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National Monument FAQs

What is a national monument? Like a statue?

While the Statue of Liberty is in fact a national monument, most national monuments are areas of land and/or water. Monuments are created to preserve designated lands, oceans, or historical sites for the purpose of keeping alive our nation’s history and cultural heritage for future generations.

Are national monuments the same as national parks?

In short, no. The main difference is in the way they are established. While monuments can be created through a presidential proclamation or an act of Congress, National parks can only be created by an act of Congress. National parks are also solely managed by the National Park Service (NPS), whereas national monuments can be managed by a number of different federal agencies.

What law grants the president the authority to designate a national monument?

The Antiquities Act of 1906. This legislation gives the president the ability to set aside federal lands deemed to possess unique or special historic or scientific values, as explicitly mentioned in the law. 

An excerpt: “That the President of the United States is hereby authorized, in his discretion, to declare by public proclamation historic landmarks, historic and prehistoric structures, and other objects of historic or scientific interest that are situated upon the lands owned or controlled by the Government of the United States to be national monuments…”

Are national monuments supported by both political parties?

Yes. Historically, presidents of both major political parties, 9 Democrats and 9 Republicans, have shown bipartisan support for monument designations.

What are examples of places that have been designated, and where can I read the proclamations?
Who manages national monuments?

Monuments can be managed by one or more of several land management agencies, including the Bureau of Land Management (BLM), United States Forest Service (USFS), United States Fish and Wildlife Service (USFWS), the National Park Service (NPS), and a few others.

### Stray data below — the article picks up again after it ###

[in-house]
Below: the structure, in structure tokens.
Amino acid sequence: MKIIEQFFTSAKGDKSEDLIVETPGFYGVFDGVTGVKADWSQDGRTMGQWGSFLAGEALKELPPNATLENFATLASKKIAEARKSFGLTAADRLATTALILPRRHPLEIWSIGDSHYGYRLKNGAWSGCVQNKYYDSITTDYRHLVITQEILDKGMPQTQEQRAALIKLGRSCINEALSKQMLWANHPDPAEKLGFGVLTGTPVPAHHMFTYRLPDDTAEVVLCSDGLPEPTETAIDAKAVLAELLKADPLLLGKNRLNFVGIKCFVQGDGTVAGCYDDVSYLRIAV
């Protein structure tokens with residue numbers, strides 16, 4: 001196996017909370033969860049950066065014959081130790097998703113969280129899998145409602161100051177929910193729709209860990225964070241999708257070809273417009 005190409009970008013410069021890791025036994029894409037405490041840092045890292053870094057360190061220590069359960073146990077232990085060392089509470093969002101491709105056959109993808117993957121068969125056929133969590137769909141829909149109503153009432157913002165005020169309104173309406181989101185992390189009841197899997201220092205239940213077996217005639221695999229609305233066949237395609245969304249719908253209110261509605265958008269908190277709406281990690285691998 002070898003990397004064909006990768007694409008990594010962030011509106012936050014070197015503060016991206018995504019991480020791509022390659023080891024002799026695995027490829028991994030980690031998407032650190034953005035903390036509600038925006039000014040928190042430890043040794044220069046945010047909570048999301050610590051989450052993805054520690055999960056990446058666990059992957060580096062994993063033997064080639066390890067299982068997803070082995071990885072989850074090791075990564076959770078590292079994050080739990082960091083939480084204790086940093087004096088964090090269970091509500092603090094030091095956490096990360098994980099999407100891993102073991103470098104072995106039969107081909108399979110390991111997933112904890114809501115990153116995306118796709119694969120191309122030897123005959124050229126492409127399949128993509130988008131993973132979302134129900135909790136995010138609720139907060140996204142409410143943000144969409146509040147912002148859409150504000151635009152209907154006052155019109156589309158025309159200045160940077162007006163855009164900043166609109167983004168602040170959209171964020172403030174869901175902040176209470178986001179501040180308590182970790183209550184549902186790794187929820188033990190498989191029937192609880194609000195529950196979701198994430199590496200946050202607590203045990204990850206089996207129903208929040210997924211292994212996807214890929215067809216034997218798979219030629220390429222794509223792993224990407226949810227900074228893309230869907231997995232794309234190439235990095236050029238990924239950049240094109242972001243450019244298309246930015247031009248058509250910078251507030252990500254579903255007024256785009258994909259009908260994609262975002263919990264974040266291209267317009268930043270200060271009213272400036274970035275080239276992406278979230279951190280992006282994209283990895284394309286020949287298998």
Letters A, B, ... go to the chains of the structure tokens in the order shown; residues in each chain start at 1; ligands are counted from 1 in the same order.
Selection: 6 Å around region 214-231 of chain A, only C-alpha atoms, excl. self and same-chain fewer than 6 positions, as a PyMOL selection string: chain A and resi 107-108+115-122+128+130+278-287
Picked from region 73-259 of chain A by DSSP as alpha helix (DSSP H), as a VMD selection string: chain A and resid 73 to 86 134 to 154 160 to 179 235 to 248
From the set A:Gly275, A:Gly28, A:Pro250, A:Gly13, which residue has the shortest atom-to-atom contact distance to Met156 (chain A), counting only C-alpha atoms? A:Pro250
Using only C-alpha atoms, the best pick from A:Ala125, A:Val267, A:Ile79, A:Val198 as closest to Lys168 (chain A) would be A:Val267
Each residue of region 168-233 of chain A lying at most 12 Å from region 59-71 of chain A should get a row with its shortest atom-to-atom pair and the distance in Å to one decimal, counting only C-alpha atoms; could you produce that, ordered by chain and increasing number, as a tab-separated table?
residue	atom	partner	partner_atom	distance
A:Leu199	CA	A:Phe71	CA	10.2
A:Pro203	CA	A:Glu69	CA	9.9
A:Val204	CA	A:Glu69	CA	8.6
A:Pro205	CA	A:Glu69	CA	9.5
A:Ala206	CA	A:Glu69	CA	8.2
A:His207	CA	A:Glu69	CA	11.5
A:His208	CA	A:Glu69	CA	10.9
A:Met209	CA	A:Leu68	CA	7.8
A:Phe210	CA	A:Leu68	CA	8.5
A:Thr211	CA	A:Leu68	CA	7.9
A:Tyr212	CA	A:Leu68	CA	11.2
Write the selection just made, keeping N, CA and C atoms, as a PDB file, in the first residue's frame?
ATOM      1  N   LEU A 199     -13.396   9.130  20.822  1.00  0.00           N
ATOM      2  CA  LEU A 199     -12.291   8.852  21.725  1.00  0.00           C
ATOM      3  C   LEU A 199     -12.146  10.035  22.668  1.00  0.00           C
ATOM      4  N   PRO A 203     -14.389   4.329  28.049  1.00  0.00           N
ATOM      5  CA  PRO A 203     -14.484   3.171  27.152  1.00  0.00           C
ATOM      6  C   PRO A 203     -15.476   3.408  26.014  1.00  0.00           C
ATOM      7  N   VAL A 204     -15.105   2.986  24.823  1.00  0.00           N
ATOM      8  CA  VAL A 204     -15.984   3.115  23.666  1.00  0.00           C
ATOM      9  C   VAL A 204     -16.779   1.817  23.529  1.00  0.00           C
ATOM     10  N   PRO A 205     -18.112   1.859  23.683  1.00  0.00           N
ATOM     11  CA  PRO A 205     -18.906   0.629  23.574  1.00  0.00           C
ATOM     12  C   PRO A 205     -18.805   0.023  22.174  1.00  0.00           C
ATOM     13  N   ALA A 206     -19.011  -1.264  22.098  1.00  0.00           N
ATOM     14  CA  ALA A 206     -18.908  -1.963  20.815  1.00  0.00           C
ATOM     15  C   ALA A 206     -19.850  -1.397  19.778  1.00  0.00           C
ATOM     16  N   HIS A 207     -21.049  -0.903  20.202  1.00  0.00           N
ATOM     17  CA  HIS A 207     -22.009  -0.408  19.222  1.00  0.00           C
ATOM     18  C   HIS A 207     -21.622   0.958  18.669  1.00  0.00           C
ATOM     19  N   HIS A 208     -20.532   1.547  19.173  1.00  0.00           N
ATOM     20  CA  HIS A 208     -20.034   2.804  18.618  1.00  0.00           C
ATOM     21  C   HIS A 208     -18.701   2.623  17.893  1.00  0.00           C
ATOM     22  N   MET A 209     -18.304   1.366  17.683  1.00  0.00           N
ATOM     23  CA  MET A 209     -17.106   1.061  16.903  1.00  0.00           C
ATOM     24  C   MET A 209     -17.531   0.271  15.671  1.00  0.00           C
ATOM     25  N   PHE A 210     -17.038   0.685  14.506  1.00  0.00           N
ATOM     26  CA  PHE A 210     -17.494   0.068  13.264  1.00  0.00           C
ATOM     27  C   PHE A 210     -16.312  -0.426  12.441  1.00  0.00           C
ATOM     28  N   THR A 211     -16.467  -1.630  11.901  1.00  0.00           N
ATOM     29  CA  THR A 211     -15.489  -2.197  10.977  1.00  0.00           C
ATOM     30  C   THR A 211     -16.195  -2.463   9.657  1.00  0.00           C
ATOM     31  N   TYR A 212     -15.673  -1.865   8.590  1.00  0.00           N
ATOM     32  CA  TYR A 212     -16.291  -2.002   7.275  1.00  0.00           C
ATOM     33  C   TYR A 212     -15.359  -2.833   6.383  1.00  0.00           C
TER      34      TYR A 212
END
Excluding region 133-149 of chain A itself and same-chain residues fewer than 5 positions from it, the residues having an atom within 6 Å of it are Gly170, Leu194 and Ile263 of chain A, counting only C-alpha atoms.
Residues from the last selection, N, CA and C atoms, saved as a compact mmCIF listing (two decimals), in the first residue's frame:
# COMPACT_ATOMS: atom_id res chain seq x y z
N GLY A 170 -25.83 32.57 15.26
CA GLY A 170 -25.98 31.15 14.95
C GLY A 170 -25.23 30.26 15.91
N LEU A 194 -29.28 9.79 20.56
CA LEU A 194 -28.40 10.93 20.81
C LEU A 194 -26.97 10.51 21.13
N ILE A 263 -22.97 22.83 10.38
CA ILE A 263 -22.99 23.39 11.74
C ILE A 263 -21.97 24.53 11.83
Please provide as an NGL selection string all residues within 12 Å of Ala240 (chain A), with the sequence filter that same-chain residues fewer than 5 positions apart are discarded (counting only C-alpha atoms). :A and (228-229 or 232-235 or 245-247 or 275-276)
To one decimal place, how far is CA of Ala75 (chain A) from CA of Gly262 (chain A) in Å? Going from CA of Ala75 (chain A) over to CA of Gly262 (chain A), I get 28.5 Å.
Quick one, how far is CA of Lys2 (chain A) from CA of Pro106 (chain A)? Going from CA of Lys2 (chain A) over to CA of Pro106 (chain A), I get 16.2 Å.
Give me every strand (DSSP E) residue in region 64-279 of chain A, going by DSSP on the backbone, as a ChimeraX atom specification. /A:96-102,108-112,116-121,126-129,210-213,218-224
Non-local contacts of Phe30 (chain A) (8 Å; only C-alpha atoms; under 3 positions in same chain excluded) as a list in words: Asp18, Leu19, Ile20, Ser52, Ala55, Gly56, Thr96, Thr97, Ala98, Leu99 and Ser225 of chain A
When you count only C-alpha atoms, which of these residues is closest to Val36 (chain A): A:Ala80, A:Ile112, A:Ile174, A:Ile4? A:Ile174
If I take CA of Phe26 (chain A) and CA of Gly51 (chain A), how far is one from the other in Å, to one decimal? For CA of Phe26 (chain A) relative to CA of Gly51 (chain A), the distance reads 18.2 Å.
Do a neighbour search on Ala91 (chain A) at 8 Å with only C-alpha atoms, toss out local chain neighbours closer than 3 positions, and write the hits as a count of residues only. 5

What do national monuments generally allow?
  • Hiking, backpacking
  • Birdwatching
  • Hunting and fishing
  • Horse riding
  • Bike riding
  • Rock climbing
  • Operating motorized vehicles on designated roads
What do national monuments generally not allow?
  • New oil and gas leases
  • New grazing permits or allotments
  • Public access to private property
  • New roads
  • New mineral exploration and projects
What about rights and leases existing at the time of a monument designation?

All monuments are inclusive of valid existing rights before, or at the time of, designation. This includes examples, such as grazing leases and energy transmission right of ways.

How do national monuments impact local and regional economies?

A national park or monument designation generally leads to increased visitation and economic activity in adjacent communities. For example, Death Valley National Park, Joshua Tree National Park, and the Mojave National Preserve together in California contributed $420 million in economic output and added 3,929 jobs. As a result of the designation of Organ-Mountains Desert Peaks National Monument in New Mexico, visitation has increased from 183,900 in 2012 to 612,781 in 2022, while tax revenue due to monument visitation totaled to $1.9 million in 2022 alone and contributing to $13 million in tax revenues over the last decade. 

  • A report by the Las Cruces Green Chamber of Commerce details significant economic benefits in a case study of Organ-Mountains Desert Peaks National Monument.
  • This resource by Headwater economics explains further how national monuments can be sustainable economic drivers on a local and regional scale.
Who supports national monuments and helps to steward them?

Many groups have supported past designated monuments, including: indigenous groups, business owners, veterans, recreation groups, conservationists, scientists, academics, and more! Moreover, people of all ages, demographic, and socioeconomic backgrounds have come together to celebrate monuments as engines that drive social and environmental equity, along with preserving cultural sites, layered history, educational resources, and the natural world.